TACOMA — Even if Manuel Ellis was posing no threat to police on the night he died, officers were justified in continually applying force, a police training expert testified Monday afternoon in the trial of three Tacoma police officers charged with Ellis’ death.
“It would be wholly inappropriate if Mr. Ellis continued to flail around in handcuffs and they just simply watched,” said Chris Nielsen, an expert witness for the officers’ defense.
He said the first two officers to encounter Ellis acted appropriately, a contradiction to testimony from a prosecution expert who said the officers used excessive force and their co-defendant recklessly bore down on him while he was handcuffed and hogtied.
Ellis, 33, died March 3, 2020, after repeatedly telling police he could not breathe while they struggled at a south Tacoma intersection. The Pierce County Medical Examiner ruled Ellis’ death a homicide caused by oxygen starvation from physical restraint.
Defense lawyers for the three officers on trial contend Ellis died from the extensive amount of methamphetamine in his system and a defective heart.
Officers Matthew Collins, 40, Christopher “Shane” Burbank, 38, and Timothy Rankine, 35, are charged with first-degree manslaughter, making their trial the first in 85 years in which three officers in Washington have been charged with an in-custody death. Collins and Burbank face an additional charge of second-degree murder. All three have pleaded not guilty, are free on bail, and remain employed on paid leave by the Tacoma Police Department.
Collins and Burbank reported seeing Ellis try to open the door of a car as it passed through an intersection. They told detectives Ellis acted aggressively toward them, triggering the fight that led to his death. Eyewitnesses, however, have testified that the officers were the aggressors and Ellis did nothing to provoke them.
Nielsen, a former King County prosecutor and current Renton police sergeant who serves as a trainer, conceded that eyewitness and security video footage does not show Ellis trying to hit or kick officers, as Collins and Burbank described.
However, Nielsen said the videos capture about a minute of the four to five minutes that Collins and Burbank were engaged with Ellis. “The fight was well underway by the time the video began,” Nielsen testified.
Nielsen conducted his analysis accepting the officers’ version of events, including Collins’ claim that Ellis violently attacked him — something nobody else, including Burbank, reported.
“There’s a whole host of things that I think happened that aren’t contained on the video,” Nielsen said. “That’s among them.”
He also accepted the officers’ claim that Ellis was suffering from “excited delirium,” a controversial term that major medical and psychiatric associations reject as an explanation for deaths. In law enforcement parlance, excited delirium refers to powerful and irrational subjects — usually on drugs — who are often impervious to pain and require extensive force to control.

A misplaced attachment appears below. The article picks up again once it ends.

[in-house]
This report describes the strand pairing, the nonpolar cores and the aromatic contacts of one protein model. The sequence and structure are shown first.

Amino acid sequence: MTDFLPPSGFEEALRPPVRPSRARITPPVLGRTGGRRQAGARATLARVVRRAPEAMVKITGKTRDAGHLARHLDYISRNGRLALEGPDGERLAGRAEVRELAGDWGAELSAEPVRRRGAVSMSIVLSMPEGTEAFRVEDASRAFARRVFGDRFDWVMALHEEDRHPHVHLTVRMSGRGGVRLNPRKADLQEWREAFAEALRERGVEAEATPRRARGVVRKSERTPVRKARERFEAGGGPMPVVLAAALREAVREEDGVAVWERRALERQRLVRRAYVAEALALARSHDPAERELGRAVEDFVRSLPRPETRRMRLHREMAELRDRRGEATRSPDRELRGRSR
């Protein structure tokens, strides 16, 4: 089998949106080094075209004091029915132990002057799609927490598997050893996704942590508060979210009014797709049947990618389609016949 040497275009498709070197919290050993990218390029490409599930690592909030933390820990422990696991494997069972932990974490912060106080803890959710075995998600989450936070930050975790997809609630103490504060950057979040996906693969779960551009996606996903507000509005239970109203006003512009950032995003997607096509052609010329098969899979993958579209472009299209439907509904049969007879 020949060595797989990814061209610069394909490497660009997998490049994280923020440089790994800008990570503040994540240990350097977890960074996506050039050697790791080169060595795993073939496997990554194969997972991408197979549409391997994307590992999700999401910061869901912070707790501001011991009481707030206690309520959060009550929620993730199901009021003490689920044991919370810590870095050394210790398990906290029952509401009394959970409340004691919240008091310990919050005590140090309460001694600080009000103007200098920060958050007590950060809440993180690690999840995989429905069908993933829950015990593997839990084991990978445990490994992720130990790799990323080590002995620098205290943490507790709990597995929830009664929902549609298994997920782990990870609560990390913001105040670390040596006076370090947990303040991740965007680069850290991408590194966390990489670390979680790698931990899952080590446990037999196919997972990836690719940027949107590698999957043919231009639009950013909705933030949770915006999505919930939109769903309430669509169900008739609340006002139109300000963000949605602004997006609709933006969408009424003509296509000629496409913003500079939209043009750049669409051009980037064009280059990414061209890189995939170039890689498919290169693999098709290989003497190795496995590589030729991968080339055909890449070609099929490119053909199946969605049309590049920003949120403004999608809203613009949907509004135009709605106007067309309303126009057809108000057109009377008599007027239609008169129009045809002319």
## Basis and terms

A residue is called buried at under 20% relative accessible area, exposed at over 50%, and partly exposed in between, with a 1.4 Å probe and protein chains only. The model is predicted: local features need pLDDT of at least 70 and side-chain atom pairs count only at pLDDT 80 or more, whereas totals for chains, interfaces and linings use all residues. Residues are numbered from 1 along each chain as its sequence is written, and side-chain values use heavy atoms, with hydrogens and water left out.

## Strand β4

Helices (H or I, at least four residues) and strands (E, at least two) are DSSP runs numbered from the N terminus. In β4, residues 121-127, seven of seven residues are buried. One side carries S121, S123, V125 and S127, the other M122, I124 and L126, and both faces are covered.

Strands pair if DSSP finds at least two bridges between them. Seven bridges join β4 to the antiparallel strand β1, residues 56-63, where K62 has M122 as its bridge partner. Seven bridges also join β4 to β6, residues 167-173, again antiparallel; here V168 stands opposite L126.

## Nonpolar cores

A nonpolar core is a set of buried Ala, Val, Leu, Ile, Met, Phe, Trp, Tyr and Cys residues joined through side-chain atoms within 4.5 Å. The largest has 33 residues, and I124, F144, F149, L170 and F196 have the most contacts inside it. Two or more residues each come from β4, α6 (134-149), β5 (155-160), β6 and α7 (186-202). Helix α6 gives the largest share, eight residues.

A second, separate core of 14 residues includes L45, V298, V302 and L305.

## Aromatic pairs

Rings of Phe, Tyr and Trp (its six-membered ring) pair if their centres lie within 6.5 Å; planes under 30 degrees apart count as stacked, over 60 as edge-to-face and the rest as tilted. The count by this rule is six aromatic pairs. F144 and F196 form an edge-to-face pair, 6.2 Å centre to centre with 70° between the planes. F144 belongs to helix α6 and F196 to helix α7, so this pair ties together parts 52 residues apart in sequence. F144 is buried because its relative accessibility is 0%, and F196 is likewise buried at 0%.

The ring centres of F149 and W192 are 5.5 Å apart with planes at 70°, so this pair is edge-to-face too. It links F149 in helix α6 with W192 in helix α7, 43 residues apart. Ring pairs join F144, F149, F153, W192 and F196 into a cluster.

“Excited delirium people are scary people,” Nielsen said, and it’s common that more than one officer is needed to subdue them.
Nielsen said Burbank’s and Collins’ use of force escalated because of Ellis’ actions — specifically the officers’ claim that Ellis threatened to punch Burbank and smacked his hand against their police cruiser, then resisted arrest. He said the officers’ actions — using a Taser on Ellis, punching him, placing him in a neck hold, and ultimately pressing on him while he lay prone — were reasonable.
Shown the same video clip that a prosecution expert described as Ellis raising his hands in surrender while Collins applied a neck hold and Burbank jolted him with a Taser, Nielsen said, “This is what resistance looks like.” He described Ellis’ actions throughout the video evidence as “extremely noncompliant.”
Rankine and his partner were the first to arrive to assist Burbank and Collins. According to Rankine’s statement to detectives, Rankine sat on Ellis’ back while he was in a prone restraint position, and twice moved Ellis onto his side so he could breathe easier. Nielsen said Rankine used reasonable force on Ellis, even though he heard Ellis gasp his last words, “I can’t breathe,” and remained atop him until medics took over.
“The level of force officer Rankine used was a relatively low level of force,” Nielsen said. “Placing someone in a prone position and placing transient weight on their back has a very low likelihood of a bad outcome.”
Prosecutors, in their cross-examination, tried to paint Nielsen as biased in favor of law enforcement. He acknowledged that in more than 90 use-of-force instances that he’s analyzed for court cases, he’s only found wrongdoing by an officer once.
Testimony is scheduled to resume Tuesday morning in Pierce County Superior Court.